The use of government spending to affect aggregate demand is one of the cornerstones of macroeconomic policy, and it is referred to as fiscal policy. Technically speaking, tax cuts/increases can also be used for a similar purpose, but direct government spending manipulation is usually the preferred method of enacting fiscal policy.
The reason for this preference is that increases/decreases in spending will have an immediate impact on the economy whereas tax changes may, to some extent, lead to changes in saving rates rather than spending rates. If that were to happen, the fiscal policy action would be somewhat reduced in effectiveness.
In this article I will start with an overview of the textbook model of government spending on aggregate demand. This is a Keynesian model, and as always there are alternative theories which I will briefly discuss below.
Consider the aggregate demand function, Y = C + I + G + (X – M)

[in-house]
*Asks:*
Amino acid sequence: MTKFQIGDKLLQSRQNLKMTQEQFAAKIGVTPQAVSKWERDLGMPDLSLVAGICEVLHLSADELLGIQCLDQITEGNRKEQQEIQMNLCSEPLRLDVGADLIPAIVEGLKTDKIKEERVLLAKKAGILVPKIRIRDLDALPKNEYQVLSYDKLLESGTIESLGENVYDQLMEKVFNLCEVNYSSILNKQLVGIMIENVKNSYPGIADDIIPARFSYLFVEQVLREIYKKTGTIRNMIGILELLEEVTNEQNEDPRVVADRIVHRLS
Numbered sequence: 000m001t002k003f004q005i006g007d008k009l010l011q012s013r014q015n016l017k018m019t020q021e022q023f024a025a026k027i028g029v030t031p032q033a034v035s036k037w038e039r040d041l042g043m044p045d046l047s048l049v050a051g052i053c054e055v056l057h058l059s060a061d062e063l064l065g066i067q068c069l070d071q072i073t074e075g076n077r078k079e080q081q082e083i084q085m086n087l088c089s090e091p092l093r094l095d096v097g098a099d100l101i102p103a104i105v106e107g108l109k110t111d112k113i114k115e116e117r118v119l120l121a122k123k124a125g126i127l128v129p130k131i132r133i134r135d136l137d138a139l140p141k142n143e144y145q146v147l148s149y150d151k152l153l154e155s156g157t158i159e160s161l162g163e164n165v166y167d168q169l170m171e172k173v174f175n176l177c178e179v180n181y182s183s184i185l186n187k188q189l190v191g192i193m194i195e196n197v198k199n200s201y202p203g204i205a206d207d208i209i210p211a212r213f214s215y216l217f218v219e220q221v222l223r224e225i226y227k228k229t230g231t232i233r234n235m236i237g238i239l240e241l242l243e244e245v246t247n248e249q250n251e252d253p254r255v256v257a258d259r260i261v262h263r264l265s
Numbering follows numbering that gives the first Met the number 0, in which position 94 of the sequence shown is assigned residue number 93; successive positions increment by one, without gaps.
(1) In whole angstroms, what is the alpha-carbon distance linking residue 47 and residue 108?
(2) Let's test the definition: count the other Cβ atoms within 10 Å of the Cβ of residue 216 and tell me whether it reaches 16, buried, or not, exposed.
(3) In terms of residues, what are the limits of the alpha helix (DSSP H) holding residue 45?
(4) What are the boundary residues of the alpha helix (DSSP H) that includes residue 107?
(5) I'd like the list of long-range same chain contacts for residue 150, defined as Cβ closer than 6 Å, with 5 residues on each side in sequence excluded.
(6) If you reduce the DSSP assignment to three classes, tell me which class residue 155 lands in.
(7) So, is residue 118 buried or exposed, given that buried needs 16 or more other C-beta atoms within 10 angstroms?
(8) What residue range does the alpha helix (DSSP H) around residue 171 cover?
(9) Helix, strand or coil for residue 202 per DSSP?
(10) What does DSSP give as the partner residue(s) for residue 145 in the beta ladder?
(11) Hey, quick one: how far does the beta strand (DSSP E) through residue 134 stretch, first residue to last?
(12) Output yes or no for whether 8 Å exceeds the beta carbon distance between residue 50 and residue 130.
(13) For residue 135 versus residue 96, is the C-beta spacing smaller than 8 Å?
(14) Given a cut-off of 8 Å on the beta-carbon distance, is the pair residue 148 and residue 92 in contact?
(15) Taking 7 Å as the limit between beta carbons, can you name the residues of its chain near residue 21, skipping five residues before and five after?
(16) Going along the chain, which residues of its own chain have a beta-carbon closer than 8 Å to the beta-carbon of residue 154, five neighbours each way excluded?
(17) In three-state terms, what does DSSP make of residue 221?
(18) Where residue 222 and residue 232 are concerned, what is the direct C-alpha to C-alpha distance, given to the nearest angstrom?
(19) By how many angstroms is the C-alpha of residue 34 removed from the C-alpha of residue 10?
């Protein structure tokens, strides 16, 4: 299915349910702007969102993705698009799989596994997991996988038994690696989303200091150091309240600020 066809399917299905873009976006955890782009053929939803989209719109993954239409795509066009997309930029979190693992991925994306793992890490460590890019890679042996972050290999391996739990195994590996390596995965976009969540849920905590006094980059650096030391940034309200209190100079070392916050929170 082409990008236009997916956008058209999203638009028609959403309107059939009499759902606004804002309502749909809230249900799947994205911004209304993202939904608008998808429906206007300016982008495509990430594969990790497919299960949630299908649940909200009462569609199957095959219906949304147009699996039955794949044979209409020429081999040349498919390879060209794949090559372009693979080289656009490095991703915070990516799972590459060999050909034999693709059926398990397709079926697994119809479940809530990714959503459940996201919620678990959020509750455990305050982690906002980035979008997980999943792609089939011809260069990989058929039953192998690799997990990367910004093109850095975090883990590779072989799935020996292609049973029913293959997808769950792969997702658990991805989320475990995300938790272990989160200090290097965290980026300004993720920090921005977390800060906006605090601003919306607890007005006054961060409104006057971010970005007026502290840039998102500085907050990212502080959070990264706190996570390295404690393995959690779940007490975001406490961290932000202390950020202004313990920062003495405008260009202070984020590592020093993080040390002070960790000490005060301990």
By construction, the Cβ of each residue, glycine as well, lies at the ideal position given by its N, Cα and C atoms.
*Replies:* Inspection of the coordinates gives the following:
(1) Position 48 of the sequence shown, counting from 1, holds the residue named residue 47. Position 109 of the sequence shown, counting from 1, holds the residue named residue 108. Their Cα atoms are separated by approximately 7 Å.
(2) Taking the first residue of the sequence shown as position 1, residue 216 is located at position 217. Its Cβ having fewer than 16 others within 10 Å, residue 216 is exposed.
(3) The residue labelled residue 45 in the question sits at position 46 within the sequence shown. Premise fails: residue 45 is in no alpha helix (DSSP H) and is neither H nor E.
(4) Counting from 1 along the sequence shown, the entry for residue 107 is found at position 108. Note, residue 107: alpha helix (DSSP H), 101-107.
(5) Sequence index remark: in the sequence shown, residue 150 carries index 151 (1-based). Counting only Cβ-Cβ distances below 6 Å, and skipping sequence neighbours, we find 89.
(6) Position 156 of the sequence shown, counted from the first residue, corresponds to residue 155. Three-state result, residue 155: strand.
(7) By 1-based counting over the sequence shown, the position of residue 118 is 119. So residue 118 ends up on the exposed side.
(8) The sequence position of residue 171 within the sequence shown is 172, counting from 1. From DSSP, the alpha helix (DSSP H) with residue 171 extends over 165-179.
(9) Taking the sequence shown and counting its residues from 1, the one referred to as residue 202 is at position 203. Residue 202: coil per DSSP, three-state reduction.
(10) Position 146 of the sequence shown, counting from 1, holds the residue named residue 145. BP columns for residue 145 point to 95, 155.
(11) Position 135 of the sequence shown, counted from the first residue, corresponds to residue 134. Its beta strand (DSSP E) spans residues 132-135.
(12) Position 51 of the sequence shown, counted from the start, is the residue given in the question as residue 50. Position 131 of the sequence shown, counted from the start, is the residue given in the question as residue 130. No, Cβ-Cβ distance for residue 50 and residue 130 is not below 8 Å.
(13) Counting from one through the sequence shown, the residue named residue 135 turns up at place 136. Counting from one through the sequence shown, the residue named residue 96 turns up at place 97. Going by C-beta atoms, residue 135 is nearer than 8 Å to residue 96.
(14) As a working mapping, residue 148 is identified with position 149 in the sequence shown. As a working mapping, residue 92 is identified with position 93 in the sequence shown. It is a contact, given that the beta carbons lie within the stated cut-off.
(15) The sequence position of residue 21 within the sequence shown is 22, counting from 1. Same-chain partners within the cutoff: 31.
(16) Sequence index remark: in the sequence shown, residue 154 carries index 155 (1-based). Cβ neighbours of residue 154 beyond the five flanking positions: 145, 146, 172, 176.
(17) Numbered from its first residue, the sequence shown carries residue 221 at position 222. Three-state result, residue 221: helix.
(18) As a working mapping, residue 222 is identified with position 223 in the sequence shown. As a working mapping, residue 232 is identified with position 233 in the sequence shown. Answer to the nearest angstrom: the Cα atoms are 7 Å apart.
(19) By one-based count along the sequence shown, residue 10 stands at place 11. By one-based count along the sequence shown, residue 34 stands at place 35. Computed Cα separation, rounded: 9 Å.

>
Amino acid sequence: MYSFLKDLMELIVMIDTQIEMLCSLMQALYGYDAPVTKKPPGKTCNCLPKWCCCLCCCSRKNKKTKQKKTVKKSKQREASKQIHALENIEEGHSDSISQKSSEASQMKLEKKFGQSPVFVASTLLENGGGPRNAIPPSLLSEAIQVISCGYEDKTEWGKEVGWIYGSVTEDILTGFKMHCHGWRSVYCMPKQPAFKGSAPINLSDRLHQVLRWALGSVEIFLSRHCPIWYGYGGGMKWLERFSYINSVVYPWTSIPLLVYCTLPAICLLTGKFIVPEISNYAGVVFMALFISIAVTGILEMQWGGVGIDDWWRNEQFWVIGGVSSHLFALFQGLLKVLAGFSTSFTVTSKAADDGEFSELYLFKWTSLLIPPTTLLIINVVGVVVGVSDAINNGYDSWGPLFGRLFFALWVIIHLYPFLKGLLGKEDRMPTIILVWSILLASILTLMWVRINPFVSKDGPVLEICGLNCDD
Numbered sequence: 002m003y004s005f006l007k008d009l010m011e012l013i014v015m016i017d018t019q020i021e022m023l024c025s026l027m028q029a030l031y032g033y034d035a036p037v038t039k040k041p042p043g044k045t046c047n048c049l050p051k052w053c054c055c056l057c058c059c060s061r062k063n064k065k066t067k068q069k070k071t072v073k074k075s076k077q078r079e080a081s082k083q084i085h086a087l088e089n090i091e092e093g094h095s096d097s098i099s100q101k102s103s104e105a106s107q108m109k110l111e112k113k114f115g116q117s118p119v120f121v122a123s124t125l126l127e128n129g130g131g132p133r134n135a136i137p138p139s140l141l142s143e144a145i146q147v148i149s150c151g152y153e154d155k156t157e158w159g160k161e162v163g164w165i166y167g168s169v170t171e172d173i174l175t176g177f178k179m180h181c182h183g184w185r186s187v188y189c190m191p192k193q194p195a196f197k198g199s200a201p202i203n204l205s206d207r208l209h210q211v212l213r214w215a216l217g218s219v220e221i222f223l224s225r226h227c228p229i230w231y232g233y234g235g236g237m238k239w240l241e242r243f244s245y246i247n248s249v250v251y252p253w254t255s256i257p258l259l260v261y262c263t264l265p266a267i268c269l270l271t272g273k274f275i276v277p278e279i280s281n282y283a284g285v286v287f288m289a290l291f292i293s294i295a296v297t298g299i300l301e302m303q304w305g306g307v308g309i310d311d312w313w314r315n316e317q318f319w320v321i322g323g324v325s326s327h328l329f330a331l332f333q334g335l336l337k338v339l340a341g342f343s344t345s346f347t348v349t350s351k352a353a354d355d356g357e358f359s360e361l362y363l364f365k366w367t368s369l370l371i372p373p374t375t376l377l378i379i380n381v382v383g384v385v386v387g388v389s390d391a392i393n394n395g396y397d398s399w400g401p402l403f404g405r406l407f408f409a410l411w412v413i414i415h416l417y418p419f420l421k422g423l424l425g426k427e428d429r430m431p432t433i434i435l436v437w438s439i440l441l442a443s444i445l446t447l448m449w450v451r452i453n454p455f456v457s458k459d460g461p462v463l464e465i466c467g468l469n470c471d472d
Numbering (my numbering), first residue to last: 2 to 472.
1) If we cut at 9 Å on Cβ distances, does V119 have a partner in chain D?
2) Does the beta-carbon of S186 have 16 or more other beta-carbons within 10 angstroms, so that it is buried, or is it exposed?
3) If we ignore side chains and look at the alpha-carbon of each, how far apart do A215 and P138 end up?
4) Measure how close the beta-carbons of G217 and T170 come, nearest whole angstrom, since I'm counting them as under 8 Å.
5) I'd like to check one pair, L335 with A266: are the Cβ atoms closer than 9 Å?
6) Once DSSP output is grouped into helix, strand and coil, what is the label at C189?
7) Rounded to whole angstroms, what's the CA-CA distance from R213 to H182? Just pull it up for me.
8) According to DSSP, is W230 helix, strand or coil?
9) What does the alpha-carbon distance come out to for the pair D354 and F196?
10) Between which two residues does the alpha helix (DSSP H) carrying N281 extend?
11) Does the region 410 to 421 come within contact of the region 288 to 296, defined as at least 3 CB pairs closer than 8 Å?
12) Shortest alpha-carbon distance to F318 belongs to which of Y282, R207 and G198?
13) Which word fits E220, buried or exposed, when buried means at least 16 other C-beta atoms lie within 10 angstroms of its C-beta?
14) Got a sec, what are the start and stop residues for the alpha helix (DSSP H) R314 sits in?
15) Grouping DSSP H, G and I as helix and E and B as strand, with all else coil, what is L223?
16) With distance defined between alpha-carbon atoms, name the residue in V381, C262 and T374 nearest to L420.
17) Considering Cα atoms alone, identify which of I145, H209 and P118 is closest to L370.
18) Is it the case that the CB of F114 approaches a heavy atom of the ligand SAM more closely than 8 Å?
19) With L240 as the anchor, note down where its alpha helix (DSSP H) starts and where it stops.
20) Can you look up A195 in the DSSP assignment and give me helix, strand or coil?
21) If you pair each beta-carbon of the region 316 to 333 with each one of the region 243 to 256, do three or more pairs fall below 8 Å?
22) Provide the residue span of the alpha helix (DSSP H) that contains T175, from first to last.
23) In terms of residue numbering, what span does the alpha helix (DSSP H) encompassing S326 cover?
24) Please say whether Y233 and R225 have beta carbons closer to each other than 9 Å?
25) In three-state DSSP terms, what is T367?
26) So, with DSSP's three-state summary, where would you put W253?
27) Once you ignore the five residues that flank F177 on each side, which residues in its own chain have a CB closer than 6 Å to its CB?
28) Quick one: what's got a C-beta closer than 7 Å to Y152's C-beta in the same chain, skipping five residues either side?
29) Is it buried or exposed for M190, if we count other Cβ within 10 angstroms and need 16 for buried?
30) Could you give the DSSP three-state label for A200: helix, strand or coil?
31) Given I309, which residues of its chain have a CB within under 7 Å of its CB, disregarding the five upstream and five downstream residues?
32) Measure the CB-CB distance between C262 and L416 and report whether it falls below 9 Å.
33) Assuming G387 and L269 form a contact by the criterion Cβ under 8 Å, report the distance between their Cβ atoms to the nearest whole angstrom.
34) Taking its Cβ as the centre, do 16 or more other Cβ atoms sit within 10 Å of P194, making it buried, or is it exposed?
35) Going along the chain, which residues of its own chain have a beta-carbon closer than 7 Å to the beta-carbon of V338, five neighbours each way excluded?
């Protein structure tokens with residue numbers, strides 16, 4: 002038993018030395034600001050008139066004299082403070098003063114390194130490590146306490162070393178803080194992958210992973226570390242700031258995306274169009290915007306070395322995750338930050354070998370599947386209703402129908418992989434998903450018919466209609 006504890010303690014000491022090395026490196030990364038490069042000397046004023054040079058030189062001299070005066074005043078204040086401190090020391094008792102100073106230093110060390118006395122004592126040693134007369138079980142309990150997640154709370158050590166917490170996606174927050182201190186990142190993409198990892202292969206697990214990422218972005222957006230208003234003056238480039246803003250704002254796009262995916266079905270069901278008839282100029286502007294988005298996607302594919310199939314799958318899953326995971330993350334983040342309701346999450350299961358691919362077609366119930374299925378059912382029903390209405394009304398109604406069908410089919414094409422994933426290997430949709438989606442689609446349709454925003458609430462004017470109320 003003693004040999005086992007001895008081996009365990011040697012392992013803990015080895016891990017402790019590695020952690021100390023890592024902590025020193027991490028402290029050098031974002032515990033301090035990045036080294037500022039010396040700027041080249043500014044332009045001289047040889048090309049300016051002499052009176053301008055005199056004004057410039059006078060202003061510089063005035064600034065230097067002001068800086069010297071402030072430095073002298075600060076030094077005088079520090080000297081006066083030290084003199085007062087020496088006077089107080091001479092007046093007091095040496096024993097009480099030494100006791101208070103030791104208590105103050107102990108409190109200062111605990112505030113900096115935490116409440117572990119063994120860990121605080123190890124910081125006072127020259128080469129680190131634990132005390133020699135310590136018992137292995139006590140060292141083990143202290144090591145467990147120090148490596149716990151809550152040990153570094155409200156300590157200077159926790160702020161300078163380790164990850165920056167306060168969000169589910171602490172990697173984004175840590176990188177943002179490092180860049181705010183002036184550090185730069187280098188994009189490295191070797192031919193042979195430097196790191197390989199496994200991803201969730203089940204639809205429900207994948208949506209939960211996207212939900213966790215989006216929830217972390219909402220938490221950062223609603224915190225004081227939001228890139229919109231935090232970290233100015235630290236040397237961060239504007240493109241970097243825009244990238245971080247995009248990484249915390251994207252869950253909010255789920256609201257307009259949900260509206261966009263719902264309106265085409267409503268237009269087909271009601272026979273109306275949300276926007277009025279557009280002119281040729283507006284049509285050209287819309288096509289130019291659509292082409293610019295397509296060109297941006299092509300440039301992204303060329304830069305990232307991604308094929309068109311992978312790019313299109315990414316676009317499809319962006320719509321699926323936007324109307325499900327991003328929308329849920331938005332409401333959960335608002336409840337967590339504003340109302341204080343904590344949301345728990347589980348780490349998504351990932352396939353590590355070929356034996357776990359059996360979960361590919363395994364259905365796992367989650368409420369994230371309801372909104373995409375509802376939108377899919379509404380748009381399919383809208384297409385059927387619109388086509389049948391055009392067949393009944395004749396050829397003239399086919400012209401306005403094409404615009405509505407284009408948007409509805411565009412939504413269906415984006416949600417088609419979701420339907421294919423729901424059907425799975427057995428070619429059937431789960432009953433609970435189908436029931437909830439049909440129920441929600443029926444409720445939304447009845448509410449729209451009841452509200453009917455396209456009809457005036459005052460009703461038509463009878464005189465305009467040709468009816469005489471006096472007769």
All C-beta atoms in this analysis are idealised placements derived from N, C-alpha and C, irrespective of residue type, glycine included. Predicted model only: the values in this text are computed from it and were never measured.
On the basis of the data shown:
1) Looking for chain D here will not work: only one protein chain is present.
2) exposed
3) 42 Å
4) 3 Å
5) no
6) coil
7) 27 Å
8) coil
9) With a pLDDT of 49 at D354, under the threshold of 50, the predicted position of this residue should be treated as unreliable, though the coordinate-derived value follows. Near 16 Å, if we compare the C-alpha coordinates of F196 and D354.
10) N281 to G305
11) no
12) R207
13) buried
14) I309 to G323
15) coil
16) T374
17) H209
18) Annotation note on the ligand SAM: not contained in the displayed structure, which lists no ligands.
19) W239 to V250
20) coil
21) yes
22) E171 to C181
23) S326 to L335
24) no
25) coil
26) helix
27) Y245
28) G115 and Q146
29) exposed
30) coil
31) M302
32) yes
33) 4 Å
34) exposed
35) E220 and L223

For full information on this function, and its determinants, have a look at my main article The Aggregate Expenditure Model.
The 'G' in this function stands for net government spending and, for obvious reasons, it is a much easier component for the government to fully manipulate as desired.
I should note that in normal times, i.e. times when the economy is not in a liquidity trap with near zero interest rates regardless of money-supply manipulation, fiscal policy is not usually the preferred economic stabilization tool in times of need. Monetary policy is usually the first line of defense, but when that runs out of steam we tend to see more fiscal actions by the government to try and steady the economic ship.
Monetary policy is usually controlled by central banks rather than governments, but again this only really applies during normal times. There is a great deal of speculation at the current time as to just how independent these central banks really are, and to what extent they are influenced by government officials.